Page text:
radiation levels in the united states. >> he also said nuclear plants in the u.s. are designed to withstand earthquakes and tsunamis. the magnitude of the destruction in japan is slowly becoming apparent. miyagi, a coastal province near the epicenter, is one of the hardest hit areas. officials estimate 10,000 people were killed in miyagi alone. towns along the coast were obliterated by a 30 foot wave that went miles inland. many bodies were washed out to sea and likely will never be recovered. the quake and tsunami essentially wiped off some towns from the map. natori, once home to over 70,000 people, a thriving farming town, now it no longer exists. ben tracy is there. >> reporter: more than three days after the earthquake hit and tsunami roared through natori, the homes are still smoldering, and this is all left
of this town once home to farmers. now it's basically deserted. emergency vehicles are the only traffic on the roads and this man is one of the only people left in town. everyone else is gone because so are their homes. this used to be a neighborhood. now it is simply a debris field. >> reporter: these were houses. now they're all gone. >> nothing. >> reporter: our driver used to take this street when he drove his people to the beach. he can't believe what's happened. >> we cannot run away, escape. >> reporter: the wave erased natori off the map. hundreds missing, many feared dead. the military is searching the rubble for those swept away. just down the road here in natori, these soldiers got word a little while ago that a body was somewhere here in the wreckage, one of the missing people. as you can see, they've found that person and they're now going to take that person to the city's morgue. very sad. >> yes, very sad.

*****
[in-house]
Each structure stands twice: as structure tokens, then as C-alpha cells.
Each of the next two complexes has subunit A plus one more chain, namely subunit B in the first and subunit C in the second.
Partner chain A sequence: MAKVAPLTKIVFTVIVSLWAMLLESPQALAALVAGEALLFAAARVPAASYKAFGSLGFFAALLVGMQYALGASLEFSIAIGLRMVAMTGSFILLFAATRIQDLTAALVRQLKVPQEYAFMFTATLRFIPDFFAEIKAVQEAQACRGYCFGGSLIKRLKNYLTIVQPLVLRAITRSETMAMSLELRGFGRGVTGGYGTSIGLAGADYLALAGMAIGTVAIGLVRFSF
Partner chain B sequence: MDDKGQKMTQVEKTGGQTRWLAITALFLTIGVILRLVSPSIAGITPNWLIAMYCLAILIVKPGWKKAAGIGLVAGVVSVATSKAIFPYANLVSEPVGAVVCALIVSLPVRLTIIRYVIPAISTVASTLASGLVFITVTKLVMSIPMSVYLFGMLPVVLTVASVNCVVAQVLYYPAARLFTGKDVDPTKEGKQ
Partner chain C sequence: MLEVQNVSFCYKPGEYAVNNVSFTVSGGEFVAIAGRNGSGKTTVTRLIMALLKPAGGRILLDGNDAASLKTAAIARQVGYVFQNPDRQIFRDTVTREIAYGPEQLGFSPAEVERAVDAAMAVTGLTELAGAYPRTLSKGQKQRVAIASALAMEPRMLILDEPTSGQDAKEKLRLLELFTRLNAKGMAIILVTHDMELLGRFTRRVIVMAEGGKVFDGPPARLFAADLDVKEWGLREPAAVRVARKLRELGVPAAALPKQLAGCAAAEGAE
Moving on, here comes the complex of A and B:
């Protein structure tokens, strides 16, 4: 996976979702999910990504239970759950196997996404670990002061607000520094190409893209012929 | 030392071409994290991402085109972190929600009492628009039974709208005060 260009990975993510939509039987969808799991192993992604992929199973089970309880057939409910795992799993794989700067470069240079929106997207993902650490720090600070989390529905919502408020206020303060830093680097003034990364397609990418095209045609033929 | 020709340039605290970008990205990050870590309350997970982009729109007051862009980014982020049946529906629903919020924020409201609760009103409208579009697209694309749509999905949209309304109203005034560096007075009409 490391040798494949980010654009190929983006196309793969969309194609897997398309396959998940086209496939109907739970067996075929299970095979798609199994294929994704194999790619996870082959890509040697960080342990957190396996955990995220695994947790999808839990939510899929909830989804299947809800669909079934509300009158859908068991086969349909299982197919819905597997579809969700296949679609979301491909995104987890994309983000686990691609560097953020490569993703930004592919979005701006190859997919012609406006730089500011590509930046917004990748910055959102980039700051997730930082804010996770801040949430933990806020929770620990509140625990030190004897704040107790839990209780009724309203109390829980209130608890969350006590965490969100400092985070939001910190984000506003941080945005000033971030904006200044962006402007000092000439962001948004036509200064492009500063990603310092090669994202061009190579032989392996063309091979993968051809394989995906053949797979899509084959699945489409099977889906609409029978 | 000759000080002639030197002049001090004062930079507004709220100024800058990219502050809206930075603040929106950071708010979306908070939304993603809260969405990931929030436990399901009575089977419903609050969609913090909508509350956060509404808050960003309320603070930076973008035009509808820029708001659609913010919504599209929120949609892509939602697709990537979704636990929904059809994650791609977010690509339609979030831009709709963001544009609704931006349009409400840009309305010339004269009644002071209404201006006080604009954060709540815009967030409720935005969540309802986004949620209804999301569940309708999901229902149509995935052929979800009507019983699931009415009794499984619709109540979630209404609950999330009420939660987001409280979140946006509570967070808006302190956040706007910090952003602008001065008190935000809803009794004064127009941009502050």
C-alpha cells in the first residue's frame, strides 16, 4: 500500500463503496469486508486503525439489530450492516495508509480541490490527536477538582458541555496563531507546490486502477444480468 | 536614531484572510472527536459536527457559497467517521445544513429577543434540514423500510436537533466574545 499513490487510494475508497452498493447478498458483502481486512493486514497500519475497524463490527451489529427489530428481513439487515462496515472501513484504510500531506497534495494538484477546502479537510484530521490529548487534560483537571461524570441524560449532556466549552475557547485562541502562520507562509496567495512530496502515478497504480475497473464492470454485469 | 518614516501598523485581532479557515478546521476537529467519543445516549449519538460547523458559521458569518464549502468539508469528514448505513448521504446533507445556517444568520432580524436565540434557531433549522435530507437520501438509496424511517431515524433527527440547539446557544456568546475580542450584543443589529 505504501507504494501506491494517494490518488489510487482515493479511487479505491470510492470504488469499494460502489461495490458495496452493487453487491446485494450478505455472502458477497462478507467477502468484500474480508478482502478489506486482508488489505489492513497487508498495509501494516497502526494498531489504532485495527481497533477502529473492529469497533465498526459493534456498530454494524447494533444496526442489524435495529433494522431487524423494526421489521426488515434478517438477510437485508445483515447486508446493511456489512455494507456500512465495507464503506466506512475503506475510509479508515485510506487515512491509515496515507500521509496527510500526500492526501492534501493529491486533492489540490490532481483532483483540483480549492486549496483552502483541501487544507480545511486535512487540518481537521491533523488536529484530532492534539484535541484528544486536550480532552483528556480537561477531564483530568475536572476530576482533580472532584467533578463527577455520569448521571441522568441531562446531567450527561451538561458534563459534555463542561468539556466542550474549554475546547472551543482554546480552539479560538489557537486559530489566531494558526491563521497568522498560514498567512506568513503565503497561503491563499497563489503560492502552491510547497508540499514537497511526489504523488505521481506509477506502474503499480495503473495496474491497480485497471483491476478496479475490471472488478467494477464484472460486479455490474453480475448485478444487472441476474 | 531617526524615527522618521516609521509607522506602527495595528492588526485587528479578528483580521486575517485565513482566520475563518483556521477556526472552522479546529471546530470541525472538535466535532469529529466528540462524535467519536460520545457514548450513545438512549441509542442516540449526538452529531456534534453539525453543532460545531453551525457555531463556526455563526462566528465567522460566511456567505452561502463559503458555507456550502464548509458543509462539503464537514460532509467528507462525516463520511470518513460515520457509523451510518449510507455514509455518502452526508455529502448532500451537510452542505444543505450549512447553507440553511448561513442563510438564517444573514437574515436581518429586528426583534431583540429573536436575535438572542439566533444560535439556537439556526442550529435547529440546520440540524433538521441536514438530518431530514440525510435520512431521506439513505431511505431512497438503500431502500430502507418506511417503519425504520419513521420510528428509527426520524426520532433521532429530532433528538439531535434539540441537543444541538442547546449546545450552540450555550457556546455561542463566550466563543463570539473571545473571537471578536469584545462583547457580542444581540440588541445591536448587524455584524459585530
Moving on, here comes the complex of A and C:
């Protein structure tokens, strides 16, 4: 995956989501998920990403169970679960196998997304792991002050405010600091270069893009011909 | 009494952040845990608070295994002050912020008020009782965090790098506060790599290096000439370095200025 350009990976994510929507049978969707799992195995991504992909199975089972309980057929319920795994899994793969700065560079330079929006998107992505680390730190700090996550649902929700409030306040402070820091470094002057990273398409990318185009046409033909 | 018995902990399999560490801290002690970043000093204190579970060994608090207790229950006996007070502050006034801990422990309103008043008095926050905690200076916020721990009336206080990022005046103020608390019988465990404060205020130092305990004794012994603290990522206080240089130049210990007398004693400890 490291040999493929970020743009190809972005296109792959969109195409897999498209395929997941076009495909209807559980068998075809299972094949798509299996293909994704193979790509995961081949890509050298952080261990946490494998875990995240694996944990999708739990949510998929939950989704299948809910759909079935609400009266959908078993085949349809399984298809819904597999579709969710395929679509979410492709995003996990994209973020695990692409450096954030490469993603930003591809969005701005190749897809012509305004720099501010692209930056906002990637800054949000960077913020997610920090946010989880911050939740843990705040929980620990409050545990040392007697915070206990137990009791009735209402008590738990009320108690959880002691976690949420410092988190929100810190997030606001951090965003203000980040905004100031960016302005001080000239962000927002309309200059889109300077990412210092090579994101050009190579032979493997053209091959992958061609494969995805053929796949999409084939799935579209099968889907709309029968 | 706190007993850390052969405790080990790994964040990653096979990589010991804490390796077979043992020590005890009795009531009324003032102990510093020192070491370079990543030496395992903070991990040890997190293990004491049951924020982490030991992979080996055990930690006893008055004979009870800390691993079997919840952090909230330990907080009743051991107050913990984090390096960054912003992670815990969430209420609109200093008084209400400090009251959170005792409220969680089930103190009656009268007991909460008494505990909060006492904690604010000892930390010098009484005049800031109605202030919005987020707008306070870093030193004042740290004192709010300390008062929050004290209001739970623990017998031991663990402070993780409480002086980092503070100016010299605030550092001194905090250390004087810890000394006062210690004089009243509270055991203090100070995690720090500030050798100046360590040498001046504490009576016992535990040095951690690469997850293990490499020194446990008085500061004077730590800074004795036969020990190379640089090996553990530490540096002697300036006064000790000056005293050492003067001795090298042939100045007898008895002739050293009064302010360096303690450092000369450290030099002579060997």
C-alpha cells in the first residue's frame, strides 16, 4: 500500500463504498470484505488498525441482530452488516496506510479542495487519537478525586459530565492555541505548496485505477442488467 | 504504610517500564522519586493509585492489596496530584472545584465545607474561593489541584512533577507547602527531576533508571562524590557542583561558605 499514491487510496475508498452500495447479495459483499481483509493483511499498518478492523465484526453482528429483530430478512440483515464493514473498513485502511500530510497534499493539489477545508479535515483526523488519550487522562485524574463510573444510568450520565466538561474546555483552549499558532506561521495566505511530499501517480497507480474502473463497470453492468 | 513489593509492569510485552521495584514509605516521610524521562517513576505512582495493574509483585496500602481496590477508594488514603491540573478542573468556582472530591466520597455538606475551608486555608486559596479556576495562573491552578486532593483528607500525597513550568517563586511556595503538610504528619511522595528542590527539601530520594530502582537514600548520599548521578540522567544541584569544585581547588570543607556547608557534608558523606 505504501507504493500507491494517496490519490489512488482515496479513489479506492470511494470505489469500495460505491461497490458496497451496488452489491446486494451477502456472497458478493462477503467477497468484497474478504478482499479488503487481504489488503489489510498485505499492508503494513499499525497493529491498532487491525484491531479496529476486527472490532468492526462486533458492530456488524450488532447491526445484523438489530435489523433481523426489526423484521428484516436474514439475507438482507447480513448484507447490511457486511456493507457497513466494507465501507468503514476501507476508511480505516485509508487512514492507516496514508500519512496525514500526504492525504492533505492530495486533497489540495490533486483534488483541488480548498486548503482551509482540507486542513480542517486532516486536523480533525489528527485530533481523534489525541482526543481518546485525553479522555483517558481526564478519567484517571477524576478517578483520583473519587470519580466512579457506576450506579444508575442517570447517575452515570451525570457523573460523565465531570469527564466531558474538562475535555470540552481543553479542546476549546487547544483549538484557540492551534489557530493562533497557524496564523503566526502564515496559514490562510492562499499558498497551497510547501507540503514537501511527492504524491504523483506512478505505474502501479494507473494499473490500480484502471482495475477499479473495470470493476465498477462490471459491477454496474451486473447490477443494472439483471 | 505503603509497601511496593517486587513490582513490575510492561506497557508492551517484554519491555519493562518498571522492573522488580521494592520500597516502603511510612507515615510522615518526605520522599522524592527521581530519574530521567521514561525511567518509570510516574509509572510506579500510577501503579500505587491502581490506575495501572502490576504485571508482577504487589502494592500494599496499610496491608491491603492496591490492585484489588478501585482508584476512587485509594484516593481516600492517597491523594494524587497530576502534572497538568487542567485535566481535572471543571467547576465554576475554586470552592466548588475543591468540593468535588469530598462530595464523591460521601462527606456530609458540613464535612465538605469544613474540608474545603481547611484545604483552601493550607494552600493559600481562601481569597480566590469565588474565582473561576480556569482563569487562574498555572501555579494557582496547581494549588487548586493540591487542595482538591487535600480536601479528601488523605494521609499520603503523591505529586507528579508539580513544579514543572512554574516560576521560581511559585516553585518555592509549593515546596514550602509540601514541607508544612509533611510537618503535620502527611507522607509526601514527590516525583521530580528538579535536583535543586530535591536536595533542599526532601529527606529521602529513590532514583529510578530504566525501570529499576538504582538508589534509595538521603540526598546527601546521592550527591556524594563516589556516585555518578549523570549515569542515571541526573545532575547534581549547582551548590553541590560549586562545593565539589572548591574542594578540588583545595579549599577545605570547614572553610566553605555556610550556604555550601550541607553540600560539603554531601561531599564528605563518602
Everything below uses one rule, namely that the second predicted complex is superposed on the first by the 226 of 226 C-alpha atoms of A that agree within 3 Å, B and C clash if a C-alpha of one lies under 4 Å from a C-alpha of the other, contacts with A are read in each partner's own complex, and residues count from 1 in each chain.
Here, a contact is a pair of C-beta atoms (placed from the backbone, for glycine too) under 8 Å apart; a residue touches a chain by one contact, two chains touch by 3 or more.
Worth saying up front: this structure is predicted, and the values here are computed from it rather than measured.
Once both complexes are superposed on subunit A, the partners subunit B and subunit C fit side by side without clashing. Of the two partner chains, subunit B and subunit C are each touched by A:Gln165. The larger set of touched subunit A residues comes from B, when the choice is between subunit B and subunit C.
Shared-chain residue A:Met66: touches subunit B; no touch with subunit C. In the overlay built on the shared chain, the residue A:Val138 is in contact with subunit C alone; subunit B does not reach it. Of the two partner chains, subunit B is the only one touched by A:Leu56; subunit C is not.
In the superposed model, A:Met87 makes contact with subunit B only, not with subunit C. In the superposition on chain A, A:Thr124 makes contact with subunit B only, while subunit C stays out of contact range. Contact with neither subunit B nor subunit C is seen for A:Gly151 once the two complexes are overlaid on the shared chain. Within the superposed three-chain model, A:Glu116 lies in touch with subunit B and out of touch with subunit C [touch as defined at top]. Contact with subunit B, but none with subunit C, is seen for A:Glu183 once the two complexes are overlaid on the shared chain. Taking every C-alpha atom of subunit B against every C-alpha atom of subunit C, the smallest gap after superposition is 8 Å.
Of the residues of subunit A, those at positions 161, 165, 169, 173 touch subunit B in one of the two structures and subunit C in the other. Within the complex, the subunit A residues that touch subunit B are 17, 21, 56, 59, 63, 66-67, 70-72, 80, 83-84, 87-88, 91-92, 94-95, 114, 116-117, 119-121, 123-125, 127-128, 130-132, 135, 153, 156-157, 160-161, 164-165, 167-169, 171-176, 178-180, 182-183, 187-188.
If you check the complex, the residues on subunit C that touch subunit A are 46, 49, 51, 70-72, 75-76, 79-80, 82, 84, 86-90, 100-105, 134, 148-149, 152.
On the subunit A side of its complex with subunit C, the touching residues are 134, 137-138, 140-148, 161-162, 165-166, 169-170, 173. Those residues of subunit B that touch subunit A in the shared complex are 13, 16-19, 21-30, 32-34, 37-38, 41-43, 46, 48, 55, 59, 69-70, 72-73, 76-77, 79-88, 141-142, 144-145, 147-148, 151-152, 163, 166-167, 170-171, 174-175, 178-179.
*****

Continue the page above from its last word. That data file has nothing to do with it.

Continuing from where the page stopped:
>> reporter: he says he believes the city can rebuild even if it means starting from the ground up. ben tracy, cbs news, natori, japan. on "moneywatch," the economic impact of the quake has yet to be calculated and there are new fears problems in japan could seriously threaten the global economic recovery. ashley morrison is here in new york with the latest on that. >> reporter: along with the humanitarian catastrophe and possible nuclear disaster, japan is also dealing with an economic crisis. it's showing little signs of easing and could have a serious impact on the economy here at home. fears of a full blown nuclear disaster sent stocks on another nose dive today in tokyo. japan's nikkei index lost more than 10.5% after dropping 6% monday. other asian markets also tumbled. japan tried to ease fears by pumping another $98 billion into the nation's banking system